Among our education and outreach efforts, we are particularly proud of the second Undergraduate Leadership Workshop and the two-week Geoscience Educators' Workshop, designed for K-12 master teachers. We also hosted many hundreds of scientific visitors and opened a new exhibit on climate change at the Mesa Laboratory.

Progress on Community Models

We are about to release a new version of the Community Climate System Model (CCSM-3) after more than two years of preparation involving many NCAR and community scientists. CCSM-3 will be used for production runs in support of the United Nations Intergovernmental Panel on Climate Change (IPCC), starting in January 2004 . Similarly, with partners from many agencies and institutions, we have developed and released the Weather Research and Forecast (WRF) model, which has been downloaded by more than 1,000 scientists worldwide. In June, NCAR researchers organized a workshop with university participants to define the implementation and testing strategy for a coupled Land Surface Modeling system. This workshop is part of a larger effort to improve prediction of the impacts of land-surface processes on regional weather, climate, and hydrology. WRF is scheduled to become an operational model for both NOAA and the Department of Defense in October 2004. With funding from NASA, we and our partners have released the first version of a new Earth System Modeling Framework (ESMF), which has the potential to revolutionize numerical simulation of climate, weather, and space weather by providing a common modeling infrastructure designed for code reuse and extensive interoperability of software components.

This year researchers completed Version 1b of the Whole Atmosphere Community Climate Model (WACCM1b). This is a non-interactive version of WACCM, whose dynamical outputs can be used to drive the Model for Ozone and Related Chemical Tracers (MOZART-3) off-line chemical model. Researchers are moving forward with testing of WACCM2, a fully interactive model that incorporates MOZART-3 chemistry mechanism and other components. WACCM2 will be used to investigate problems where coupling between chemistry and dynamics is important, such as the response of the winter stratosphere to ozone depletion, the effects of increasing greenhouse gases, and the response to solar variability over the 11-year solar cycle. Eventually, WACCM will be used as an atmosphere component in future versions of CCSM.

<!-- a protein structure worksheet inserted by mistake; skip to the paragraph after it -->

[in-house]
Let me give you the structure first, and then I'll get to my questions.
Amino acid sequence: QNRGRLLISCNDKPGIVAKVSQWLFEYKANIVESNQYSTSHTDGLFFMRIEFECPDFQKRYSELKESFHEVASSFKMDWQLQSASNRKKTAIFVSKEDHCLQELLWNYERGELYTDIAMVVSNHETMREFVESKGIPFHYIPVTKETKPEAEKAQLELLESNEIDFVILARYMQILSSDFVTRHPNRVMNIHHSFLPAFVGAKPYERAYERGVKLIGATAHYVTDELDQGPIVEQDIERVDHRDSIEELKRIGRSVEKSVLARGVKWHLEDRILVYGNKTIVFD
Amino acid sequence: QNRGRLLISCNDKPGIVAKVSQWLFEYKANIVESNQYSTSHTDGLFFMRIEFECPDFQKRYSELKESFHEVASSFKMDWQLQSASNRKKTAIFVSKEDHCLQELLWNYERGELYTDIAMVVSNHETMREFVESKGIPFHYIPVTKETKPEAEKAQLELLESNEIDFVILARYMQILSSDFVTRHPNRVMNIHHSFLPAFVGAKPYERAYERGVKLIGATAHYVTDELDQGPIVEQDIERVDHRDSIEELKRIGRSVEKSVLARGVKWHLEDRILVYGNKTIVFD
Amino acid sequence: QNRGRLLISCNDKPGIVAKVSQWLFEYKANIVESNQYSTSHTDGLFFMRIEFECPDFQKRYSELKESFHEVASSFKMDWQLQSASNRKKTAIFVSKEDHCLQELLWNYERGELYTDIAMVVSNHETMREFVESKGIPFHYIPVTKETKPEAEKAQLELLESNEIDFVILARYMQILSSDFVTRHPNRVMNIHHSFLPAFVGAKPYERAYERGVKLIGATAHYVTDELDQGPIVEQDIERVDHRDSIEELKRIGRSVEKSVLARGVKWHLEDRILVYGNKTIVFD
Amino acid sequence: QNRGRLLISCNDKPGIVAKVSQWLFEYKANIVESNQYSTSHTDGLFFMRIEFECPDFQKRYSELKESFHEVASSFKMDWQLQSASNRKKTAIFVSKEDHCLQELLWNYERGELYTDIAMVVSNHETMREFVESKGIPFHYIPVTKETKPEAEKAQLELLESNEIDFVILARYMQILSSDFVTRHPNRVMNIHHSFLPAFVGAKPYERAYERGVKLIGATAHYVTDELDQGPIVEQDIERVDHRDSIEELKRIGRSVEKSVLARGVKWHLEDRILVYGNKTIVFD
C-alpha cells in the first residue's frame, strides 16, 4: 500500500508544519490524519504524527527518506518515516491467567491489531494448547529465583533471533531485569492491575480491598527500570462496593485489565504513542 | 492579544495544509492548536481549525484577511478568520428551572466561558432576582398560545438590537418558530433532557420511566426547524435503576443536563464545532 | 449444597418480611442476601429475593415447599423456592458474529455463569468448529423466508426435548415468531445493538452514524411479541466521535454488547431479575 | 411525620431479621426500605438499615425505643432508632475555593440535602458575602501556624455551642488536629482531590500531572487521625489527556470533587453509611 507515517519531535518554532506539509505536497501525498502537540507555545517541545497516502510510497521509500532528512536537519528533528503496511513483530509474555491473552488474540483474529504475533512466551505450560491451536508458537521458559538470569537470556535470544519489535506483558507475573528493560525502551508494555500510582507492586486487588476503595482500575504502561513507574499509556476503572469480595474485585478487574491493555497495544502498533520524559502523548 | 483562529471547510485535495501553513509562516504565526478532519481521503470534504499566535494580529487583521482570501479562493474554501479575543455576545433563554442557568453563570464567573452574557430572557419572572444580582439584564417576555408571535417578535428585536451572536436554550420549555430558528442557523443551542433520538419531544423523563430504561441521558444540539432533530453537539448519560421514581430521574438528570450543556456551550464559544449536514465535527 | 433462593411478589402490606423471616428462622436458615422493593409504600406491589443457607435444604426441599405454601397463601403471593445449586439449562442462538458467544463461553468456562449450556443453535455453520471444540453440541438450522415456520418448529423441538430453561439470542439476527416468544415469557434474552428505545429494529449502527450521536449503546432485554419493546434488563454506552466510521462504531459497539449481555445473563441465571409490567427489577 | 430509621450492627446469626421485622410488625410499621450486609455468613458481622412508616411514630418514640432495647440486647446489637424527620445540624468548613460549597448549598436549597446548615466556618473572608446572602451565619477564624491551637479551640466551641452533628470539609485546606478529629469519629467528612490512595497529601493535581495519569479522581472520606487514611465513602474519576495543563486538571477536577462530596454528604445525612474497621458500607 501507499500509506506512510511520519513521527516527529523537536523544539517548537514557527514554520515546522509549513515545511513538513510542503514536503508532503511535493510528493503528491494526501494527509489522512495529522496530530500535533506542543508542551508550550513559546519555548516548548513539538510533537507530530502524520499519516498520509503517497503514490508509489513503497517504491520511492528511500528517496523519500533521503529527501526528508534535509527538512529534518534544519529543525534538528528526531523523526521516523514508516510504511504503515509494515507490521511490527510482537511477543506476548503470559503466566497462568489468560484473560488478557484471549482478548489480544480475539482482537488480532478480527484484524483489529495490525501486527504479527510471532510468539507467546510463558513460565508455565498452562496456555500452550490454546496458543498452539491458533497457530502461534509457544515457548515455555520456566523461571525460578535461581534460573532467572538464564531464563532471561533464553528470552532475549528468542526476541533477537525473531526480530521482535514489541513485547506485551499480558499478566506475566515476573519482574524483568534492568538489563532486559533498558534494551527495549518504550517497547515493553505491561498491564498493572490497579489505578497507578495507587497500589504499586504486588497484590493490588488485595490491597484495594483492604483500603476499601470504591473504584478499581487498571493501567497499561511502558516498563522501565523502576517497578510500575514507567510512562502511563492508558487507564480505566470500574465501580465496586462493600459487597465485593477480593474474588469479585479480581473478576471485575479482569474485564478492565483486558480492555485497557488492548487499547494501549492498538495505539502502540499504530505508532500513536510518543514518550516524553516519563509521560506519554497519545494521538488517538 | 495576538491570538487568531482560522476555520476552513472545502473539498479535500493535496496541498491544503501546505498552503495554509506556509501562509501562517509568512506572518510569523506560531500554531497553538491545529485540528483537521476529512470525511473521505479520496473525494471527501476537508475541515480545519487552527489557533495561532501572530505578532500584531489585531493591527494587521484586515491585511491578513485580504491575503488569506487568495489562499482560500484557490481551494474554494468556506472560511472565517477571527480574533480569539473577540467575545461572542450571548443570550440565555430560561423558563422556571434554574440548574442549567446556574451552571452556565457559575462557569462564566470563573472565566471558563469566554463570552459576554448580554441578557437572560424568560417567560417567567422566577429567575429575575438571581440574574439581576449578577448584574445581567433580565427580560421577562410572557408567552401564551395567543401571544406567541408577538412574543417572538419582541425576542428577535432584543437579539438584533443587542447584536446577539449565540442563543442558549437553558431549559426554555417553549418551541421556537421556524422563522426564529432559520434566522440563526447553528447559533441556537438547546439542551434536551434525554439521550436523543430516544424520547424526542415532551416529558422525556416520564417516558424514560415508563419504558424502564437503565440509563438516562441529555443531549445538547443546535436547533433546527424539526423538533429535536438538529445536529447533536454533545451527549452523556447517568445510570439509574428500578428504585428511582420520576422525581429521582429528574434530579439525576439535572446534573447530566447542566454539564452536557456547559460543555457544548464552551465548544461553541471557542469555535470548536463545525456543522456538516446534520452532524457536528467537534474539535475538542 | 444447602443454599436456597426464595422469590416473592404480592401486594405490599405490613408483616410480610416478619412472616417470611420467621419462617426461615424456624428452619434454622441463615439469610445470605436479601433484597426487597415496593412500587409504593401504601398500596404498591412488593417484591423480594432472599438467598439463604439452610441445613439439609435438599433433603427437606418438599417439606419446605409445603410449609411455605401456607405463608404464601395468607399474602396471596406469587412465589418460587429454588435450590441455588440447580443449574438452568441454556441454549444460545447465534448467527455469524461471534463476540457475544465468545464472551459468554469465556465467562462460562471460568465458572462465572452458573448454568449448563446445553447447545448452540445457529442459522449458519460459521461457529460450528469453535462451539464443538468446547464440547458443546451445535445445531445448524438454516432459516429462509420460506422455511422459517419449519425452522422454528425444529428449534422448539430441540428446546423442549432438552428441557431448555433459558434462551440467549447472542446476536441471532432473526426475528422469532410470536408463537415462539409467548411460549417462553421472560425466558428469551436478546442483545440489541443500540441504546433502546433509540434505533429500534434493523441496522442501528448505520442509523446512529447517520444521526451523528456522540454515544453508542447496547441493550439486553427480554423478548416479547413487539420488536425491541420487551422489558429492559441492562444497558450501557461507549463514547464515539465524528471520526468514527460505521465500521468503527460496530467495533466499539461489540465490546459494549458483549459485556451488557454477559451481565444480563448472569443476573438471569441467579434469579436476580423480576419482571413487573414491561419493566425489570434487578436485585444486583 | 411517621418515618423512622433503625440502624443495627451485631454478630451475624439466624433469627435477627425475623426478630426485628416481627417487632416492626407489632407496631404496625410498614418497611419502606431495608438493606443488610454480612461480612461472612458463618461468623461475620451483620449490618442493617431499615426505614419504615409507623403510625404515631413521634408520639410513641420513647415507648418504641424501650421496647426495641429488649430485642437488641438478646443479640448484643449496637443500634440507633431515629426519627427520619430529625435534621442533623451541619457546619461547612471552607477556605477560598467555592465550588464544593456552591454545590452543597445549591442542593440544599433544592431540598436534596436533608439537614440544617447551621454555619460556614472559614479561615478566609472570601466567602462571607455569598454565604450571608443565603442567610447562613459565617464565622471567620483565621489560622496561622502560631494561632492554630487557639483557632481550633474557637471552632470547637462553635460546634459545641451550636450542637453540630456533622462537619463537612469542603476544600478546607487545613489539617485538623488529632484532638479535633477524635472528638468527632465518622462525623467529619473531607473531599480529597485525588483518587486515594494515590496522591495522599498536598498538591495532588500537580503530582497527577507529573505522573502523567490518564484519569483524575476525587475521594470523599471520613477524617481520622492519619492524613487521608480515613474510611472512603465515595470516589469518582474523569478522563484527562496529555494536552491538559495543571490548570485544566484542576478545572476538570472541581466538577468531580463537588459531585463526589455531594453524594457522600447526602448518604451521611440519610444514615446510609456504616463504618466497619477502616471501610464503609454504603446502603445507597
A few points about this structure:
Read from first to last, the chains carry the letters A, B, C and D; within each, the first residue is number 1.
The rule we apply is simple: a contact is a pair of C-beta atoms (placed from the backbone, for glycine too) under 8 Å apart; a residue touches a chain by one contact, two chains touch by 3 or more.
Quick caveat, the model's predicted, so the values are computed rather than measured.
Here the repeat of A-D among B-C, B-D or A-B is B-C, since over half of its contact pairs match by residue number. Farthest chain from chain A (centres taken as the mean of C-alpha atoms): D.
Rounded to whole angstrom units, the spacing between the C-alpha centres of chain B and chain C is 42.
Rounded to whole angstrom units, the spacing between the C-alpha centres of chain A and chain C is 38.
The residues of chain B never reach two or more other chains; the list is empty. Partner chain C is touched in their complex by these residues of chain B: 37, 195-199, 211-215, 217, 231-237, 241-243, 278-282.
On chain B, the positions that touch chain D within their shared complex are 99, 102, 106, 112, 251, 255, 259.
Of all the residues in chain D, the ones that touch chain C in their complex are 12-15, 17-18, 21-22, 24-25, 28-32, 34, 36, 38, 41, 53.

Scientific Research

Resolution of Tropical Ozone Paradox

Researchers in our Atmospheric Chemistry Division have investigated the effect of biomass burning on tropical chemistry, using remote and in-situ measurements to help explain the observed tropospheric ozone distribution over the Atlantic. Specifically, in this careful investigation, they have resolved the tropical ozone paradox by a careful integration of satellite observations of CO and other species with air trajectory calculations and chemical transport models. They conclude that more low-atmospheric ozone over the tropical Atlantic develops as a result of lightning than of agricultural or fossil fuel burning.

Early Warning Systems Workshop

Following the destruction of the World Trade Center on September 11, 2001, there has been significantly increased interest in effective disaster warning systems. Our Environmental and Societal Impacts Group held an innovative workshop on "Early Warning Systems: Do's and Don'ts". The workshop brought together participants from 12 nations to examine ways to improve the theory and practice of designing and implementing warning systems. The mobility of people and products in today's global economy was a central theme of the recommendations. Future warning systems will require "thinking globally, acting locally and globally." We look forward to the final workshop report in FY 2004.

I hope you visit this Web report to learn more about NCAR's contributions to areas of your research interests as well as other aspects of our program.

Tim Killeen
NCAR Director


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National Center for Atmospheric Research University Corporation for Atmospheric Research National Science Foundation Annual Scientific Report 2002 Atmospheric Chemistry Division Advanced Study Program Atmospheric Technology Division Climate and Global Dynamics Division Environmental and Societal Impacts Group High Altitude Observatory Mesoscale and Microscale Meteorology Division Research Applications Program Scientific Computing Division